A090632


Given n boxes labeled 1..n, such that box i weighs 3i grams and can support a total weight of i grams; a(n) = number of stacks of boxes that can be formed such that no box is squashed.


4



1, 2, 3, 5, 7, 9, 12, 15, 18, 22, 26, 30, 36, 42, 48, 56, 64, 72, 82, 92, 102, 114, 126, 138, 153, 168, 183, 201, 219, 237, 258, 279, 300, 324, 348, 372, 400, 428, 456, 488, 520, 552, 588, 624, 660, 700, 740, 780, 826, 872, 918, 970, 1022, 1074, 1132, 1190, 1248
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OFFSET

0,2


LINKS

Table of n, a(n) for n=0..56.
Amanda Folsom et al, On a general class of nonsquashing partitions, Discrete Mathematics 339.5 (2016): 14821506.
Youkow Homma, Jun Hwan Ryu and Benjamin Tong, Sequence nonsquashing partitions, Slides from a talk, Jul 24 2014.
Oystein J. Rodseth, Sloane's box stacking problem, Discrete Math. 306 (2006), no. 16, 20052009.
N. J. A. Sloane and J. A. Sellers, On nonsquashing partitions, Discrete Math., 294 (2005), 259274.


FORMULA

More generally, let a_k(n), k > 1, denote the number of stacks of boxes that can be formed such that no box is squashed wherein we have n boxes labeled 1..n such that box i weighs k*i grams and can support a total weight of i grams. Then a_k(n) has g.f. 1/((1x)^2*Product_{i>=0} (1x^(k*(k+1)^i))).  George Andrews, James A. Sellers and Vladeta Jovovic, May 26 2005 (corrected May 31 2005)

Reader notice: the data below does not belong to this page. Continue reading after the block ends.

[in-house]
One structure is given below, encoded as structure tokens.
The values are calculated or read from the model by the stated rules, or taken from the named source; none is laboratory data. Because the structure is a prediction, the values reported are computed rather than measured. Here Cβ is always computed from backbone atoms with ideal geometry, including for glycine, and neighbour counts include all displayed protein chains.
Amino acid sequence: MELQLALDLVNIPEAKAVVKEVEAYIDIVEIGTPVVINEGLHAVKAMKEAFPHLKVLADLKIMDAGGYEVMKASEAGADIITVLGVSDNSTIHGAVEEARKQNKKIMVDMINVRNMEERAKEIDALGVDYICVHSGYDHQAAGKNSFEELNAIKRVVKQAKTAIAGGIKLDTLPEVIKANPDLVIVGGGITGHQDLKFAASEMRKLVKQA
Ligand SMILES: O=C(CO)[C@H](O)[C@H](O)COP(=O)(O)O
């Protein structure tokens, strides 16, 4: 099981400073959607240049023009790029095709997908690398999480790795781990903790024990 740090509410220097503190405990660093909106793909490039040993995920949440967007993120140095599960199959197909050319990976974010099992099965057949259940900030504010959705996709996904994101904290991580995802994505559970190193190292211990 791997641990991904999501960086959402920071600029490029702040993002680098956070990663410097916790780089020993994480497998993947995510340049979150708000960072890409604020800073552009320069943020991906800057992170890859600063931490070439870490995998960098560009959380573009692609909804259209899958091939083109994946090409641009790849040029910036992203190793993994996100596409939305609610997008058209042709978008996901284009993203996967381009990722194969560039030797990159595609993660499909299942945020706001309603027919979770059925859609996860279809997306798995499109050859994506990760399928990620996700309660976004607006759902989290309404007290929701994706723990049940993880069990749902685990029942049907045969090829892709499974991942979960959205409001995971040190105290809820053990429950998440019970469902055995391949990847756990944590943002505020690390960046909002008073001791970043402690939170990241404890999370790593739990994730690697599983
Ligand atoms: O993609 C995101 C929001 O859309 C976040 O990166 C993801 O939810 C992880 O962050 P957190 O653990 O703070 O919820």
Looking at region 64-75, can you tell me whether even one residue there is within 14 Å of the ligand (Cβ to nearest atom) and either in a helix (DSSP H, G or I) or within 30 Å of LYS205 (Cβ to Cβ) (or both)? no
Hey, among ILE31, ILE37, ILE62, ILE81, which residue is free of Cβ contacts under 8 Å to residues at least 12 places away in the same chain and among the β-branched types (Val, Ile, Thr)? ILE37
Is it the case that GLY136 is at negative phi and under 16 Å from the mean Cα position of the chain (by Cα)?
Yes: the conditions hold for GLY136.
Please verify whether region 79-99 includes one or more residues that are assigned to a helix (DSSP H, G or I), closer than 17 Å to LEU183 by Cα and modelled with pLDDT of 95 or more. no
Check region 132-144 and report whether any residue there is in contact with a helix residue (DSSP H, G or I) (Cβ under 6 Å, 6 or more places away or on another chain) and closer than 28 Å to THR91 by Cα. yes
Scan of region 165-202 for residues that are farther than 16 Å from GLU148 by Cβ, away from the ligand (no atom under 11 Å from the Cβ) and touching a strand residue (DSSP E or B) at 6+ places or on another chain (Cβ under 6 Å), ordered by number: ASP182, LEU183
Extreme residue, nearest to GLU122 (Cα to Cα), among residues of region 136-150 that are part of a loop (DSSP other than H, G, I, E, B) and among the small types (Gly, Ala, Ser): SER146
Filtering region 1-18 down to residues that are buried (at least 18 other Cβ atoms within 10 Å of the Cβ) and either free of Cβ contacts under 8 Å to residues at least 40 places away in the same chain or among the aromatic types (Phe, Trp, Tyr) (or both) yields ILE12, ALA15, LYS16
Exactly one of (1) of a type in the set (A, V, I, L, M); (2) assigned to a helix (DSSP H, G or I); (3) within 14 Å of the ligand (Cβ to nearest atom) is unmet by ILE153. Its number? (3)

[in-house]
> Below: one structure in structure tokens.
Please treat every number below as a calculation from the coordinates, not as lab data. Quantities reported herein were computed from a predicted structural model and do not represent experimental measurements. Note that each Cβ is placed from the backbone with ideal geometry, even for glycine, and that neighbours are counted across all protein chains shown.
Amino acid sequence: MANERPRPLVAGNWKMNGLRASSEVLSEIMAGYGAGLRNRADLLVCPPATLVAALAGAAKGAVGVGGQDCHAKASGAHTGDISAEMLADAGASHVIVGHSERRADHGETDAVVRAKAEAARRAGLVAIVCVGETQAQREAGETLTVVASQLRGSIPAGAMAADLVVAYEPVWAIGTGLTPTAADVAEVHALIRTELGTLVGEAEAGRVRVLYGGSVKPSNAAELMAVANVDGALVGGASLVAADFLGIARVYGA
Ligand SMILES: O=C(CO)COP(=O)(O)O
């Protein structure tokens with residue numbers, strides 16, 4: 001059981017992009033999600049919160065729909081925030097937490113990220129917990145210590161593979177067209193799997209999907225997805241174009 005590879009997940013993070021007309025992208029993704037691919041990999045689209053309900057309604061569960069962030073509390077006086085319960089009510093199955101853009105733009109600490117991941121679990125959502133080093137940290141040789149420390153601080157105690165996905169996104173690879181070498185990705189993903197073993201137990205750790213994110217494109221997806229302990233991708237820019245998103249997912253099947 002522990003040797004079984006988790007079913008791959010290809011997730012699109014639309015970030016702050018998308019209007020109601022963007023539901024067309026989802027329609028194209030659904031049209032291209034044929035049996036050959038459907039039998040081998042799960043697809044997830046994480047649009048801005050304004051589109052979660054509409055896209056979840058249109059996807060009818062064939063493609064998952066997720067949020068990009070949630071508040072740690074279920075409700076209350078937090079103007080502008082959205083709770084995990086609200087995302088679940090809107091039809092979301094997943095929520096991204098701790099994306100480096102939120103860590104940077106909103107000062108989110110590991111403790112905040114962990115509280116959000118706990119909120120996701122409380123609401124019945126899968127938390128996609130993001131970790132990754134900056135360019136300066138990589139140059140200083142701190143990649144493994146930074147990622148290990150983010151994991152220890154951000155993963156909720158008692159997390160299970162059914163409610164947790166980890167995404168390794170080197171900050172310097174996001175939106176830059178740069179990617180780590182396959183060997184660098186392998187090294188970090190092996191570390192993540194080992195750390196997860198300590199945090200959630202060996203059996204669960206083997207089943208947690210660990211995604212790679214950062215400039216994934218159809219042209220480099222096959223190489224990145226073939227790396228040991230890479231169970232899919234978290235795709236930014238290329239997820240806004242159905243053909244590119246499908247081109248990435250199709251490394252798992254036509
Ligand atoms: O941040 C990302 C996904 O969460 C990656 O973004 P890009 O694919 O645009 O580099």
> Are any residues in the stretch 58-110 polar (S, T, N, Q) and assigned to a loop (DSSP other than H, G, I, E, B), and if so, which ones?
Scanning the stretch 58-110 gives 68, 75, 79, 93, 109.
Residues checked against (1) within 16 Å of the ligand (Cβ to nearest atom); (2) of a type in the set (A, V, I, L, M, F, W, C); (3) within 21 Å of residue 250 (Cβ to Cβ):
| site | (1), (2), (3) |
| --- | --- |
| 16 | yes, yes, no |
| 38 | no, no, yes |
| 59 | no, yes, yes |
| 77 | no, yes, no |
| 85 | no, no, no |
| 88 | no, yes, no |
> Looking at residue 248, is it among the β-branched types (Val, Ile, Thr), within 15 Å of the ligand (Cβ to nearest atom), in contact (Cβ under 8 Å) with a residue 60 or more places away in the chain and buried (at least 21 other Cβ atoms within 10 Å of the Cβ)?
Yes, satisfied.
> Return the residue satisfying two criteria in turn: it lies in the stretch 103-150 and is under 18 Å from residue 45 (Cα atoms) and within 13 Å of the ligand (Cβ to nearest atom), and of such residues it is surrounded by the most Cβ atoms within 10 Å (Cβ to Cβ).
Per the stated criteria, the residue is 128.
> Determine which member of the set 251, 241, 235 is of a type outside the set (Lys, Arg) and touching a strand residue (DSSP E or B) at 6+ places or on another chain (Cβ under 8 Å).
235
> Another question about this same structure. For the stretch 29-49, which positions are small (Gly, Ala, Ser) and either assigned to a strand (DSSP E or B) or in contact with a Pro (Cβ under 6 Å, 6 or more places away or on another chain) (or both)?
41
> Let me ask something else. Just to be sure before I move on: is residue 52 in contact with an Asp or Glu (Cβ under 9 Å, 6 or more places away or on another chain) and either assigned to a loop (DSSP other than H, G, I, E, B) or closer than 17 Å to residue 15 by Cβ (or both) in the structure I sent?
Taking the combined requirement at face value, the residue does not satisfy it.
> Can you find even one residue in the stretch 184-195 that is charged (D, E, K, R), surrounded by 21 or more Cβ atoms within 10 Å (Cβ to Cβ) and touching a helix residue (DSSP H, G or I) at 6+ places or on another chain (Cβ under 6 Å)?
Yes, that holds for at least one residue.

MAPLE

p:=1/(1q)^2/product((1q^(3*4^i)), i=0..5): s:=series(p, q, 100): for n from 0 to 99 do printf(`%d, `, coeff(s, q, n)) od: # James A. Sellers, Dec 23 2005


CROSSREFS

Cf. A089054, A090631.
Bisection of A064986.
Sequence in context: A022794 A025693 A117930 * A022786 A005704 A022782
Adjacent sequences: A090629 A090630 A090631 * A090633 A090634 A090635


KEYWORD

nonn


AUTHOR

N. J. A. Sloane, Dec 13 2003


EXTENSIONS

More terms from Vladeta Jovovic, May 22 2005
Further terms from James A. Sellers, Dec 23 2005


STATUS

approved